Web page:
According to NOAA, above-average temperatures were observed for February across Europe, in most of Russia, northwestern and southern parts of Africa, southern Chile and Argentina and the Eastern and South Central United States. Cooler-than-average conditions were present across China, northern India, western Alaska, the North Central states of the U.S., parts of central Africa, eastern and southern Australia and parts of the Middle East.
Michael Oppenheimer, a professor of geosciences at Princeton University, said climate changes experienced at any one place over a brief period like a season are a combination of natural climate variations plus the global trend.
"At this juncture, the long-term trend is bigger than the natural variation on a global basis but variations (or 'noise') may often be bigger for small areas," Oppenheimer said an e-mail to EthicsDaily.com. "So for instance, the fact that the long-term global trend is up doesn't mean that the Hunan area of China is going to be warming over a short period like one winter. Eventually, the trend will have totally overwhelmed local climate variations of this sort, but not yet."
Oppenheimer said it is "simply untrue" that a single cool winter has obliterated the global trend. "The global cooling this winter is only a fraction of the human-induced warming trend over the past century," he said. "The winter was still quite a bit warmer than the typical winter decades ago."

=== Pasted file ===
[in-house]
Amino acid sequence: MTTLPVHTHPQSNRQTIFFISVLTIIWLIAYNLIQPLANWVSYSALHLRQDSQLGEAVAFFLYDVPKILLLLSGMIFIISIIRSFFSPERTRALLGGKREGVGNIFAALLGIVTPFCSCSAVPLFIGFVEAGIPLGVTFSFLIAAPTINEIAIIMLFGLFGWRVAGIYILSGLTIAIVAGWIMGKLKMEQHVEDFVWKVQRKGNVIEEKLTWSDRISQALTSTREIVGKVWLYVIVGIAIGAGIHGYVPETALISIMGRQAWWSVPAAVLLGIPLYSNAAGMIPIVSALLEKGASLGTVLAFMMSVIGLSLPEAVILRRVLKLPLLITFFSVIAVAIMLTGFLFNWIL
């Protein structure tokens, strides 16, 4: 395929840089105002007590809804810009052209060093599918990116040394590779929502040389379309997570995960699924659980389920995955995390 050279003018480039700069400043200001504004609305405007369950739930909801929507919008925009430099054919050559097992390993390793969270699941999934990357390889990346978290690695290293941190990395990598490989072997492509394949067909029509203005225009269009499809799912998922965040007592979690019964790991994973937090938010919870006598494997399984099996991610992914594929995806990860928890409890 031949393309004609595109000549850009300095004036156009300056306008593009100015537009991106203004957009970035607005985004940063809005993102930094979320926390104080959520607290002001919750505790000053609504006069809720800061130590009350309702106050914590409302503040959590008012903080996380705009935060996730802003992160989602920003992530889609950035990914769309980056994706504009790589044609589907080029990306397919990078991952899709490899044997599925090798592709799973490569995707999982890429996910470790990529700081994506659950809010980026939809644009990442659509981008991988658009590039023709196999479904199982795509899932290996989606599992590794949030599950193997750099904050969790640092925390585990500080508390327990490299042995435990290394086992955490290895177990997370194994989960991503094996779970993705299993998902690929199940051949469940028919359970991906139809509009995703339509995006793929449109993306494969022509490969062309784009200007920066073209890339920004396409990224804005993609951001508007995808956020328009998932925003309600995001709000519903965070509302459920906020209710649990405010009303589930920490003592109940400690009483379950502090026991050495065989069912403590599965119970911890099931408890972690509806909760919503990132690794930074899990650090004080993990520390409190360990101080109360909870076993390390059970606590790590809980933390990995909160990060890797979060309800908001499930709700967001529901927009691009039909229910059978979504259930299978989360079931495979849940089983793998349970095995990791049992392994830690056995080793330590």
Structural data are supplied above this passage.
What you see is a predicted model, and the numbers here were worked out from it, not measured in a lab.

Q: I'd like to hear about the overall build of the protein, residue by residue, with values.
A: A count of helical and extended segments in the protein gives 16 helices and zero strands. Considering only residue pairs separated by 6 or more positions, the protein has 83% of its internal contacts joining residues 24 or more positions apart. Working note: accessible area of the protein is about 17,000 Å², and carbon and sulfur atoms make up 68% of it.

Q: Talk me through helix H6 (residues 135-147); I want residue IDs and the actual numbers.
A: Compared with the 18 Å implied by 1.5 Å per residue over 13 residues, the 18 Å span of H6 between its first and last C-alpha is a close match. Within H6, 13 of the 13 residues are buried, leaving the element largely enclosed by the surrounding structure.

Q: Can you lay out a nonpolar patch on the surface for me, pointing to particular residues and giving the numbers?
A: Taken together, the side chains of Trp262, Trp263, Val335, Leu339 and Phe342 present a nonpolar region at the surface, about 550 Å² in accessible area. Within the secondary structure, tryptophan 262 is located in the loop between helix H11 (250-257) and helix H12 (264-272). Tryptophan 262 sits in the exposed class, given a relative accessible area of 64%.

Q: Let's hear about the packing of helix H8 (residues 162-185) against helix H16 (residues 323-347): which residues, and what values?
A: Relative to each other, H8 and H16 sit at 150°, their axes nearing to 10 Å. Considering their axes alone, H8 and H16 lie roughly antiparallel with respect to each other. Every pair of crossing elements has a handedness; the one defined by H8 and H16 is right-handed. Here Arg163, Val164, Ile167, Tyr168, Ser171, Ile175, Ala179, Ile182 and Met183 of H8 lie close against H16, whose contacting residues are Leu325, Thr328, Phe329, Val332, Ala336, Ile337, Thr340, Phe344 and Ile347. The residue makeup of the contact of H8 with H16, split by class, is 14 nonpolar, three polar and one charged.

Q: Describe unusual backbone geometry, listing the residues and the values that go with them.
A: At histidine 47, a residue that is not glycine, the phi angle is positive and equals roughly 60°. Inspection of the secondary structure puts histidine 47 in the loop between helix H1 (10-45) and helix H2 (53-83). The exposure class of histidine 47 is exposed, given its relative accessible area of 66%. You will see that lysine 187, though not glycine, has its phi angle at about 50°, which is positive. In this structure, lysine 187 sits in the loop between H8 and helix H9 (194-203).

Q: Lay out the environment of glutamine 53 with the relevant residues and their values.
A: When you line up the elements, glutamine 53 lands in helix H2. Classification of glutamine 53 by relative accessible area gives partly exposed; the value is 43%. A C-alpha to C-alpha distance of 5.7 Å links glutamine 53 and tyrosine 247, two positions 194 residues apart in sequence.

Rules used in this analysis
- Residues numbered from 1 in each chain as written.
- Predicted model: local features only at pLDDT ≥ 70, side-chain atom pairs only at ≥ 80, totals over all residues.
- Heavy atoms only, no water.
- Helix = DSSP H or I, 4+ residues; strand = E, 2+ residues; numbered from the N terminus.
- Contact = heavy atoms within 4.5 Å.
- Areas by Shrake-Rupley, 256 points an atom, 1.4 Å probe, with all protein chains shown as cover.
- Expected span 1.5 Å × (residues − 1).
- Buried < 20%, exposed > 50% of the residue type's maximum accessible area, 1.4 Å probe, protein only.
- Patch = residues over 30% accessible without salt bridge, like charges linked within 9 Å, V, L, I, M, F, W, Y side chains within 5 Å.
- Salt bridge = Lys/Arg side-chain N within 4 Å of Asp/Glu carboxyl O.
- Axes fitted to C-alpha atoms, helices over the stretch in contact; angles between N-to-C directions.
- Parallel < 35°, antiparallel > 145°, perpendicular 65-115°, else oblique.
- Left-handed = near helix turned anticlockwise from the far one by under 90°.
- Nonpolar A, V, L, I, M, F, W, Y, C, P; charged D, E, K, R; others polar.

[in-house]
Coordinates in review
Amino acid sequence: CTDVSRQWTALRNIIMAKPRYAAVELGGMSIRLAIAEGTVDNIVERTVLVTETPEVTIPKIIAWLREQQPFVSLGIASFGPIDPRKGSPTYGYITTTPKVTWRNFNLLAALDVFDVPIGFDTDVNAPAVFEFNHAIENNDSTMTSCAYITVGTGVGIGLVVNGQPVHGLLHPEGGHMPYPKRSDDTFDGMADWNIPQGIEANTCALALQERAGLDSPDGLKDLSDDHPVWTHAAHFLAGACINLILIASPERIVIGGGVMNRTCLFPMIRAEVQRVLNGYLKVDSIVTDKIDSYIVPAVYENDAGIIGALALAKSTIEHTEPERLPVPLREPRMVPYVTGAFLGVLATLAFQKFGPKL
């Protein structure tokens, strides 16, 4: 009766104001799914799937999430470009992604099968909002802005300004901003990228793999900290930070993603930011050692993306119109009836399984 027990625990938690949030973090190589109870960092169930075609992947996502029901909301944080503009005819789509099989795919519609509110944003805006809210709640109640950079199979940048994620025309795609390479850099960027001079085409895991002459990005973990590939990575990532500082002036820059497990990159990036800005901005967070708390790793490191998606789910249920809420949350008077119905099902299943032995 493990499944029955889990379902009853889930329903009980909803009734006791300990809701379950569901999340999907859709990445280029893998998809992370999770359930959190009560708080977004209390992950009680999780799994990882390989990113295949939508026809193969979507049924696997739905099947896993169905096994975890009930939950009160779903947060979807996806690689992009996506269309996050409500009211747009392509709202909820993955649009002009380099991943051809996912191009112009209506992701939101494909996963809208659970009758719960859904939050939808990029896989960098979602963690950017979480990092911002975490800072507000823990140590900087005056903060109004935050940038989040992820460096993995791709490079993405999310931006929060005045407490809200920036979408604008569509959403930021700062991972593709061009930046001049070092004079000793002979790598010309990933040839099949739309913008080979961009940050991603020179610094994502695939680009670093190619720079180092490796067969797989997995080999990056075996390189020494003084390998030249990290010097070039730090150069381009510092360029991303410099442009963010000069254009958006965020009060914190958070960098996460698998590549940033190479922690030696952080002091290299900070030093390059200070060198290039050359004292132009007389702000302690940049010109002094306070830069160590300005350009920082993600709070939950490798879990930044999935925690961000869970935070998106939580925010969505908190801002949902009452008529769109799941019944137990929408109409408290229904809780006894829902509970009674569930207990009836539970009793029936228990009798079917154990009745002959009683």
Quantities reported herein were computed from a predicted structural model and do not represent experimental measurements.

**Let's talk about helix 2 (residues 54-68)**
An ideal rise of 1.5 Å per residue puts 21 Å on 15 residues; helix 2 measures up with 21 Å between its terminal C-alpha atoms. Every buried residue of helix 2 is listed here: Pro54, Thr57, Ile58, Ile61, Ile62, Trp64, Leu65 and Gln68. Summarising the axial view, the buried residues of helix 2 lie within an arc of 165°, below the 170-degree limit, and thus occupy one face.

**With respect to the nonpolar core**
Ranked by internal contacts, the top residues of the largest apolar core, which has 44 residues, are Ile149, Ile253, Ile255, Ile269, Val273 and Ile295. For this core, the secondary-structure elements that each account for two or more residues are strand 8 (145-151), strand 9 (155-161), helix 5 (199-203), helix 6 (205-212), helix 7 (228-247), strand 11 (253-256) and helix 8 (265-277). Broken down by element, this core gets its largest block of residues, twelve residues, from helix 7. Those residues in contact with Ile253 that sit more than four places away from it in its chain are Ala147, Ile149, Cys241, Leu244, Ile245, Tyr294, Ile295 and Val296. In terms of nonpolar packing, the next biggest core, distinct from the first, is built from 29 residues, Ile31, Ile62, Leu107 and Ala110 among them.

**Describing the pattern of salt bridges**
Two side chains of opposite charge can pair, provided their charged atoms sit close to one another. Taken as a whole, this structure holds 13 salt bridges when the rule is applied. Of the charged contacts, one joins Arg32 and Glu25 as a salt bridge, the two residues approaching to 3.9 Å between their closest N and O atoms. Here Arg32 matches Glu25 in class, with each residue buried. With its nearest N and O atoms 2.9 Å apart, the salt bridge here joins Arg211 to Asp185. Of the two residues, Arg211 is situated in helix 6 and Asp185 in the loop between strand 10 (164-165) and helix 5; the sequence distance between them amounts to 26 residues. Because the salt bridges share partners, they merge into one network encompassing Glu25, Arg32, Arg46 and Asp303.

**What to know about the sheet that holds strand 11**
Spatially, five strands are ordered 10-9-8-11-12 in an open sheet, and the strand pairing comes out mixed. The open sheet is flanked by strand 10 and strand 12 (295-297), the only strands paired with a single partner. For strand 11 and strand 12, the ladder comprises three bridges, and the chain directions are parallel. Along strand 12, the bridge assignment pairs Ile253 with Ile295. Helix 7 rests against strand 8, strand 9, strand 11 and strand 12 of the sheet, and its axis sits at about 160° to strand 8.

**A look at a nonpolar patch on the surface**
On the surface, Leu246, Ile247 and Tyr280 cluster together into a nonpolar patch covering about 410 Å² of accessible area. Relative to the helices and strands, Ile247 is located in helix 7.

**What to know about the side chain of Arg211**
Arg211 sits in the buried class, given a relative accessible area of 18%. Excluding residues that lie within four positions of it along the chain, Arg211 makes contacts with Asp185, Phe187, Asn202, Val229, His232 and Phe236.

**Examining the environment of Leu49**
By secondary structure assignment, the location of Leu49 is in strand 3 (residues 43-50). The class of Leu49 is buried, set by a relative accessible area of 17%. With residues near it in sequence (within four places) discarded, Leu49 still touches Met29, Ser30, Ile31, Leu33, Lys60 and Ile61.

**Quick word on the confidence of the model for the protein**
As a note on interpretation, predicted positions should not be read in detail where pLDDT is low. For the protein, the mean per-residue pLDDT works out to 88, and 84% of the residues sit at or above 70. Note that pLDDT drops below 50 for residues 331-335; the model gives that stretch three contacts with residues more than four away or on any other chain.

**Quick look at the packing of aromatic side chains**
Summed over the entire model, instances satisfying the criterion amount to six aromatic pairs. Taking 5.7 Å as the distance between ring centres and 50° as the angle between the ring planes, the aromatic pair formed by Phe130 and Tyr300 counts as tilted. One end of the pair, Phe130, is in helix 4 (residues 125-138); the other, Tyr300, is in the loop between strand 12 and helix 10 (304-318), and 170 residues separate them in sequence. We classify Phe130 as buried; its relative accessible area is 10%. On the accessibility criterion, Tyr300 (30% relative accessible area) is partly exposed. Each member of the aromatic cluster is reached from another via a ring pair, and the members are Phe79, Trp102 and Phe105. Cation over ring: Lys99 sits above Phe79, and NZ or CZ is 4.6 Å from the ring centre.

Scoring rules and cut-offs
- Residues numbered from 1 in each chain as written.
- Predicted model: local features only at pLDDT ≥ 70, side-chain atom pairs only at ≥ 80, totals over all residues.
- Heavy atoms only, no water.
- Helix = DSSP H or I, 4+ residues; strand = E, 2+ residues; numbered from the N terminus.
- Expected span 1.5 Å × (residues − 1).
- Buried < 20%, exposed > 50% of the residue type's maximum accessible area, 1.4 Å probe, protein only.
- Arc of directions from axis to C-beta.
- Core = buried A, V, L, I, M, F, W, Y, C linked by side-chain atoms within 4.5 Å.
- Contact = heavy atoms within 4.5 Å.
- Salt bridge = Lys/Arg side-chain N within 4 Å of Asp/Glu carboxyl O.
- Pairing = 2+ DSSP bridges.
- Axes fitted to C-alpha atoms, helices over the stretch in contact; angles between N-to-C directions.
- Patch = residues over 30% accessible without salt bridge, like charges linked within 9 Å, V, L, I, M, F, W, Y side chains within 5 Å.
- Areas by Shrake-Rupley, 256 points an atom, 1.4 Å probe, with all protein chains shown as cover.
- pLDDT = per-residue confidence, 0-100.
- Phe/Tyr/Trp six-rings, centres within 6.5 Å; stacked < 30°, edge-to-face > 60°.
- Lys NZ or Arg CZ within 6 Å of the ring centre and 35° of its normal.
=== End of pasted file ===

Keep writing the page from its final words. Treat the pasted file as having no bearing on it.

Oppenheimer also said it is untrue that large numbers of scientists are changing their minds about global warming. He said consensus is stronger than ever since last year's fourth assessment report by the Intergovernmental Panel on Climate Change and there is no dissent over the central aspects of global warming. "It is unequivocal that earth has warmed over the past century, it is very likely that humans are responsible for most of the warming of the past 50 years, and more warming is in store, until emissions of the greenhouse gases are reduced," he said.
Oppenheimer also disputed Land's claim that computer models used by scientists are flawed. "Climate models have performed well in reproducing the global average climate of the past century, so we have confidence in their ability to project changes in global temperature in the future," he said. "Furthermore, much other evidence, independent of the models, supports these projections, including evidence of the effect of natural changes in greenhouse gases on past climate that comes from ice cores, sediments, pollen and tree rings."
Robert Parham, executive director of the Baptist Center for Ethics, said Land needs to get his facts straight.
"Richard's name calling and animal sounds are no substitute for real engagement of the issue," Parham said. "He would do well to engage real scientists rather than rely on secondary sources like Fox News that compounded an error by repeating it. We must always remember that untruth anywhere harms truth everywhere."
Land refused to join a group calling itself the Southern Baptist Environment and Climate Initiative urging the nation's second-largest faith group to get on board the fight against global warming, saying their statement was "at variance with the Convention's expressly stated positions."
Land's associate at the ERLC, Barrett Duke, was among 170 signers of an open letter last year endorsing a Cornwall Alliance declaration claiming that foreseeable global warming will not be catastrophic, that natural causes account for much or most of global warming and that reduction of greenhouse gases would have little impact on climate change.
Bob Allen is managing editor of EthicsDaily.com